A spoof of the Robin Hood legend, this Mel Brooks movie takes the usual scattershot approach, with a lot of specific digs at the big-budget, Kevin Costner-starring Robin Hood: Prince Of Thieves.
Cary Elwes takes on the title role, and he's excellent, not least because "unlike some other Robin Hoods", he can speak with an English accent. He starts to cause trouble for Prince John (Roger Rees) and the Sheriff of Rottingham (Richard Lewis) while also winning the heart of the lovely Marian (Amy Yasbeck). Lending Robin some support are a blind manservant named Blinkin (Mark Blankfield), a young man named Ahchoo (Dave Chappelle), Little John (Eric Allan Kramer) and Will Scarlet O'Hara (Matthew Porretta), all willing to become the titular men in tights. Tension rises, fights are fought and everything builds up to a climactic battle in which Robin Hood hopes to right a lot of wrongs.
It may be unfair to compare the later work of Mel Brooks to his earlier successes, but it's inevitable whenever he releases another parody, thanks to Blazing Saddles and Young Frankenstein remaining perfect examples of the format. This film is not as good as those superb titles, but it's goofy and endearing enough to please fans of the director's style.
The cast is great. Elwes is very funny in the leading role, keeping a straight face while involved in some amusingly ridiculous exchanges. Richard Lewis and Roger Rees do more obvious clowning around, but they have fun with their roles, a fun that's infectious thanks to the enthusiasm of everyone involved. Mark Blankfield is okay, used for a number of obvious gags, while Dave Chappelle is his usual energetic self. Amy Yasbeck makes for a fine Marian and Megan Cavanagh is the maid/nurse trying to keep the lady pure.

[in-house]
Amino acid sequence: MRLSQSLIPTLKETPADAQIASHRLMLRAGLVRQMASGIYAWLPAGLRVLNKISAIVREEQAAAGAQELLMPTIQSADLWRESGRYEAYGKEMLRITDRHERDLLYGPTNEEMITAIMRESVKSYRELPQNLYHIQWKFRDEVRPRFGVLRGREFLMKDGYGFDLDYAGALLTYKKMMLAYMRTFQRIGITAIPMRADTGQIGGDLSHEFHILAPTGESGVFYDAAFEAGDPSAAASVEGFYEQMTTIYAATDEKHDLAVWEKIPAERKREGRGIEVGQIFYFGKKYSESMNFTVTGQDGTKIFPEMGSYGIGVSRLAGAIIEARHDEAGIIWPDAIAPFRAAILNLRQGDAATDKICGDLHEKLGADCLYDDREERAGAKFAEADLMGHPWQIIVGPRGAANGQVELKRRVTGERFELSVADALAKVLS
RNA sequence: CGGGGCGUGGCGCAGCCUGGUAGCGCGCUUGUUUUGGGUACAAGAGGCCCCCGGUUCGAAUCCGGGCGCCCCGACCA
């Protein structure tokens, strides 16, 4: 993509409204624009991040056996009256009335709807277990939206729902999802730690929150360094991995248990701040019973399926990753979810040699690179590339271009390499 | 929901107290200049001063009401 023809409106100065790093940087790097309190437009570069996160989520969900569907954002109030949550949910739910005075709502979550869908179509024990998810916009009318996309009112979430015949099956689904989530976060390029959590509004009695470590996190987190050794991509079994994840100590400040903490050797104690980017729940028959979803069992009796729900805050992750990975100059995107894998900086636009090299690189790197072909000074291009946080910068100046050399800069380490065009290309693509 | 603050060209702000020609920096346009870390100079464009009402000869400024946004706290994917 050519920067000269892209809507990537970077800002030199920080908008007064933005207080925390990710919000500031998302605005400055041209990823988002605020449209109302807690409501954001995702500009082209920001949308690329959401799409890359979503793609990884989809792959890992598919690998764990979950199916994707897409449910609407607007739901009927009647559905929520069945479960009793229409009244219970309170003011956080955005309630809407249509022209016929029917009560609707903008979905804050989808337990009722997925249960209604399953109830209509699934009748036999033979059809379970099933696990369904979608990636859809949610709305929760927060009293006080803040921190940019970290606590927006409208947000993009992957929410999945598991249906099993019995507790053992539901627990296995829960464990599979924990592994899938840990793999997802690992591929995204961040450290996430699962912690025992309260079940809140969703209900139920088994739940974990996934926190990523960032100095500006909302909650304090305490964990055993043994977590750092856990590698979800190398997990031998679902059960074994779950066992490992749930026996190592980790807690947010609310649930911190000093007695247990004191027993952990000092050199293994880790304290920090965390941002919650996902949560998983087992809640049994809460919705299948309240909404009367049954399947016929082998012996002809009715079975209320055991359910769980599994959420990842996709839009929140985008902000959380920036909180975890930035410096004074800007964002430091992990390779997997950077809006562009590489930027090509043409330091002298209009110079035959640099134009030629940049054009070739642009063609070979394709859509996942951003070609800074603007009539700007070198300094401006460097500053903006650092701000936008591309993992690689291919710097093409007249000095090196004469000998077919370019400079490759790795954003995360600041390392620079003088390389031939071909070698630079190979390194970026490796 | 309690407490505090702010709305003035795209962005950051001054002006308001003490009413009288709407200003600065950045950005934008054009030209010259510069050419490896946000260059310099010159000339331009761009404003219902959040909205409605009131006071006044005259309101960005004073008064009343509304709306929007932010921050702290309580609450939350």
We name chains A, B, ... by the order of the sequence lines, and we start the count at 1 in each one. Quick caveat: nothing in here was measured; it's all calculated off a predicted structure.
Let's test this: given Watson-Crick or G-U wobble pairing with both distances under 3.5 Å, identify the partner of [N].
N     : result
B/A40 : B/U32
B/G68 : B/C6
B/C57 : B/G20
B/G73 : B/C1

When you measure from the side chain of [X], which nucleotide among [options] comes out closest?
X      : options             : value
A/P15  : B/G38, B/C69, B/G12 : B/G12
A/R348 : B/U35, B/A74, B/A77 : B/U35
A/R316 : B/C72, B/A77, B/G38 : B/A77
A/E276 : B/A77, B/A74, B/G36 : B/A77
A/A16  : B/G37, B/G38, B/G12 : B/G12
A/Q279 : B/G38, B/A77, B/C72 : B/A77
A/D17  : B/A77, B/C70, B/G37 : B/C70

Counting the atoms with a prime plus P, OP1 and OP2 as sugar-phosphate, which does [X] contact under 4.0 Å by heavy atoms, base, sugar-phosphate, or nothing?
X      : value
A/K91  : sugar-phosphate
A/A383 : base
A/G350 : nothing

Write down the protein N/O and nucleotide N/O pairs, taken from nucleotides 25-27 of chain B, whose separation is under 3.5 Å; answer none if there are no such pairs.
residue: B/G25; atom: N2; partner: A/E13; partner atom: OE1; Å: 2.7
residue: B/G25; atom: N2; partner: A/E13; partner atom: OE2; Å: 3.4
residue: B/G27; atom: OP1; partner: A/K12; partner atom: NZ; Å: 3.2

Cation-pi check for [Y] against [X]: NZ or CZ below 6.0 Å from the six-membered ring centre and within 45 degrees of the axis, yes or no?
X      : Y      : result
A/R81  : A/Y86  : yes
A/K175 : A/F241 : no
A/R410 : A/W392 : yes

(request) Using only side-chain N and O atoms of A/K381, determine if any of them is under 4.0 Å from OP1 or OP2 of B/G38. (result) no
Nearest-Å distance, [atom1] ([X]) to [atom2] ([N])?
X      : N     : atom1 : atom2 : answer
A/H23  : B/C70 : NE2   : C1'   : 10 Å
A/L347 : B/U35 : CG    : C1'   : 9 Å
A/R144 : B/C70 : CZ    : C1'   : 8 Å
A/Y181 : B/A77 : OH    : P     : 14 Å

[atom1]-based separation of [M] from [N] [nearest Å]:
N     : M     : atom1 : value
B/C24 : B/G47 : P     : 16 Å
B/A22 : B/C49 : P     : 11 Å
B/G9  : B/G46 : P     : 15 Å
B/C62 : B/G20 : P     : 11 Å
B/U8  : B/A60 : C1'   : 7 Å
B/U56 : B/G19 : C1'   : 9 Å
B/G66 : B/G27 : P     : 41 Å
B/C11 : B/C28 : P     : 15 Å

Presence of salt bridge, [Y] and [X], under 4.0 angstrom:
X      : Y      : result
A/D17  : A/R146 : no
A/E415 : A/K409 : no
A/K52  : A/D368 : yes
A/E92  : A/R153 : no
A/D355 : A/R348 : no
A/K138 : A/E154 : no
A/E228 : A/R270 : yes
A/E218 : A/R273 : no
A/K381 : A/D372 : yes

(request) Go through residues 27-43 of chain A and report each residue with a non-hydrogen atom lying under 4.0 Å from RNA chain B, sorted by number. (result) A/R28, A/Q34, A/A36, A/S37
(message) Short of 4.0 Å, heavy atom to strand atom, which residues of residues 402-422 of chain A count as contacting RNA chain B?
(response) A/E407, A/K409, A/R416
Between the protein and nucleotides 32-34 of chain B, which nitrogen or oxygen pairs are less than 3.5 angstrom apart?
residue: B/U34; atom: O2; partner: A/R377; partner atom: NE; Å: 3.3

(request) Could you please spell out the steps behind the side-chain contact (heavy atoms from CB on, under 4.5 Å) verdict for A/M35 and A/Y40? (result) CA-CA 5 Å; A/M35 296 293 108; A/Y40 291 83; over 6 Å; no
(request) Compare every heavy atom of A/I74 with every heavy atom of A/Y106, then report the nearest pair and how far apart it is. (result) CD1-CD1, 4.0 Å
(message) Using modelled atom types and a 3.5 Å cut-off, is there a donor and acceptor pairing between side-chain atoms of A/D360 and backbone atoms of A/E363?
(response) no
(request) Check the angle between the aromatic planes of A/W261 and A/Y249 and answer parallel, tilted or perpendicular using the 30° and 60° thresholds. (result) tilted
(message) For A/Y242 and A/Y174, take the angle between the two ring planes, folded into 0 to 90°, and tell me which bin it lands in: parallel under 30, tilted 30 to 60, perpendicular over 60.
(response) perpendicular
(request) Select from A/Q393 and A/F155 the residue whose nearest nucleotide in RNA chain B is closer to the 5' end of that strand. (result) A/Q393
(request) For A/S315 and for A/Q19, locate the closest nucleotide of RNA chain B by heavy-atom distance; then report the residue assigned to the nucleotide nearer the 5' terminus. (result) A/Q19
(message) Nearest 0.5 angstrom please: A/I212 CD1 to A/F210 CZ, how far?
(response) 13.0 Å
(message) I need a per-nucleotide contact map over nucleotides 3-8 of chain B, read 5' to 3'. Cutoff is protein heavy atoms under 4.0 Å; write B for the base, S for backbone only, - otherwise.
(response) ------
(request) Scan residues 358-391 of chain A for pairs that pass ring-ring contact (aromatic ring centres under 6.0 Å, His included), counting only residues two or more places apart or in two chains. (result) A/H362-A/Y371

Written by Brooks, Evan Chandler and J. D. Shapiro, the script includes some fun musical moments, plenty anachronisms included for comedic effect, a fun, small role for Tracey Ullman (who lusts after the Sheriff of Rottingham) and a wonderful moment that allows Robert Ridgely to reprise his role from Blazing Saddles. Dom DeLuise, Dick Van Patten, Isaac Hayes and Patrick Stewart all join the madness.
This may be a lesser Brooks movie, but it will still make you laugh on a number of occasions. Which is more than can be said about some other spoof/parody films from the past two decades (*cough* Friedberg/Seltzer *cough*).